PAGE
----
WWE has featured some of the biggest stars from music, film, and television in their programming as active participants. I can assure you that if Jon Stewart and Stephen Amell weren’t superfans, they would not have taken active roles in storylines; also I can assure you that neither live in their parents’ basement. Before you think that they aren’t apart of the IWC, just remember that the internet gives us anonymity, so you never really know who is online.
9. We Never Get What We Want
Remember that time that Daniel Bryan won two separate matches at WrestleMania, or that time that Dolph Ziggler cashed in his Money in the Bank briefcase the night after Wrestlemania? Well those things were directly caused by the uproar of the IWC. The community may ask for a lot, but when we band together and make our voices heard, we can make things happen that wouldn’t otherwise.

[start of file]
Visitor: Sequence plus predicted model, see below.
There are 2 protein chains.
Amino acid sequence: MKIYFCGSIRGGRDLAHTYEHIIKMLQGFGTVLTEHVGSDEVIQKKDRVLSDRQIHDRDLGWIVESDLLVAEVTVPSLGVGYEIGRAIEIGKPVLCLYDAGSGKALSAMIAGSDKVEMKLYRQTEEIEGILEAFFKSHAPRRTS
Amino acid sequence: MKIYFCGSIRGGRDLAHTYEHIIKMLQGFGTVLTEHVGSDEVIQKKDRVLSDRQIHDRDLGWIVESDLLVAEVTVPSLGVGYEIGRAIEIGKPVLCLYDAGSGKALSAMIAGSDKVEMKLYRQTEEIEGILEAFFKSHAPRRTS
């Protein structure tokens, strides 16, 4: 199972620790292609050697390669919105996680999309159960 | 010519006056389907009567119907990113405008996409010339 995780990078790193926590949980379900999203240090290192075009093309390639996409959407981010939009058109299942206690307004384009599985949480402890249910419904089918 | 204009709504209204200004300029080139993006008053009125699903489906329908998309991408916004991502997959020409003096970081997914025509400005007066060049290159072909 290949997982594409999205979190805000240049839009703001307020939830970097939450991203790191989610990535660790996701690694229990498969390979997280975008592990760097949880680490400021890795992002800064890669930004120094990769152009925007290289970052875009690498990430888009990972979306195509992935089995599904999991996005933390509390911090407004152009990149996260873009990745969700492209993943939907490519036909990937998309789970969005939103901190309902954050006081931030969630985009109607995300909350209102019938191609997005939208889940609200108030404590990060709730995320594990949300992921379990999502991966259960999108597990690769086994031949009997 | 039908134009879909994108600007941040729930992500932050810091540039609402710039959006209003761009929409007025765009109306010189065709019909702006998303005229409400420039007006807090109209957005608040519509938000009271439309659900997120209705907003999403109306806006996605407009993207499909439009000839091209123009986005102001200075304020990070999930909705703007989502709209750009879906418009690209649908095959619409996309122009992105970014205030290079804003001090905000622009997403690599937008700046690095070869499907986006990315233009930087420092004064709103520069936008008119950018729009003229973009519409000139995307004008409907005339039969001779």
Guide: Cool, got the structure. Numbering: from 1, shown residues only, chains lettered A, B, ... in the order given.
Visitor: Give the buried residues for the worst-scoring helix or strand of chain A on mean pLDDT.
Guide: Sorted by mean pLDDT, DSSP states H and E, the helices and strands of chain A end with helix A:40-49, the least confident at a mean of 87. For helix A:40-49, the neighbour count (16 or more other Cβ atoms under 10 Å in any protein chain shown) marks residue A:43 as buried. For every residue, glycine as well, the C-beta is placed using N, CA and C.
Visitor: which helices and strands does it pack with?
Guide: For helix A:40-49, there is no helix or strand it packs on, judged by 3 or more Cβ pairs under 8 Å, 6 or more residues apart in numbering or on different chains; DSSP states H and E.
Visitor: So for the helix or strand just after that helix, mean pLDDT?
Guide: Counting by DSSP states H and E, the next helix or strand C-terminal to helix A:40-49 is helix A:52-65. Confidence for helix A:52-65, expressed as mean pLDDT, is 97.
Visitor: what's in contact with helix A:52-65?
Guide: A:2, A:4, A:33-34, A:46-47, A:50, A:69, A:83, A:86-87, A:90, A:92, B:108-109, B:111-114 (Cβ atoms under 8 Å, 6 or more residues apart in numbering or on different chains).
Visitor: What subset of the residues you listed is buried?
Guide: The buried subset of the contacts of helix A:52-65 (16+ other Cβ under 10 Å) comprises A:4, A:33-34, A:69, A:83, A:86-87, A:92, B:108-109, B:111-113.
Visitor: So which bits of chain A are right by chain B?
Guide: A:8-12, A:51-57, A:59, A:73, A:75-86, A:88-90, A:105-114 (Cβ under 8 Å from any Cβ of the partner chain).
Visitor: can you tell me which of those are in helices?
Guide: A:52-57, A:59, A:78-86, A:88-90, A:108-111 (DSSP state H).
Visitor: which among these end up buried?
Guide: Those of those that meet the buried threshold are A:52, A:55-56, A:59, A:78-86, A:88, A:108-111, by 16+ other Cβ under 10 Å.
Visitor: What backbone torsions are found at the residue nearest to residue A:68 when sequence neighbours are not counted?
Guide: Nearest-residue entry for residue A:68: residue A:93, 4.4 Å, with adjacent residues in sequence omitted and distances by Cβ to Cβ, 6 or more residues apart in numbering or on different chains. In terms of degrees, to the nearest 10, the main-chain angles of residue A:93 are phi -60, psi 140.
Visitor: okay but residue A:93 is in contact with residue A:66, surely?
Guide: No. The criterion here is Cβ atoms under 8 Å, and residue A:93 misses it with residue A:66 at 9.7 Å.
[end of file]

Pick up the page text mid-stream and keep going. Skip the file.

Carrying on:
8. We All Hate John Cena
This misconception may have actually been a fact a few years ago, but the last few years have redeemed John Cena for much of the IWC. Though many members of the community may not like him, most of the IWC does respect Cena for all of his accomplishments. There is actually an entire subset of the IWC that acknowledge Cena as the greatest wrestler of all time. The number of Cena supporters have grown exponentially with all of his great matches in 2015.
7. We All Have Extreme Ideas
WWE creative seems to think that you can either please the general audience, or the IWC but never both. While there is a hint of truth to the previous statement, most community members just want to be entertained by new wrestlers. They want fresh storylines, that utilize different mid card wrestlers who have potential to be great. The IWC propelled guys like Bryan, Punk, and Rollins to the top of the card, and the general audience loves those guys; so why not take the opinion of the IWC more often?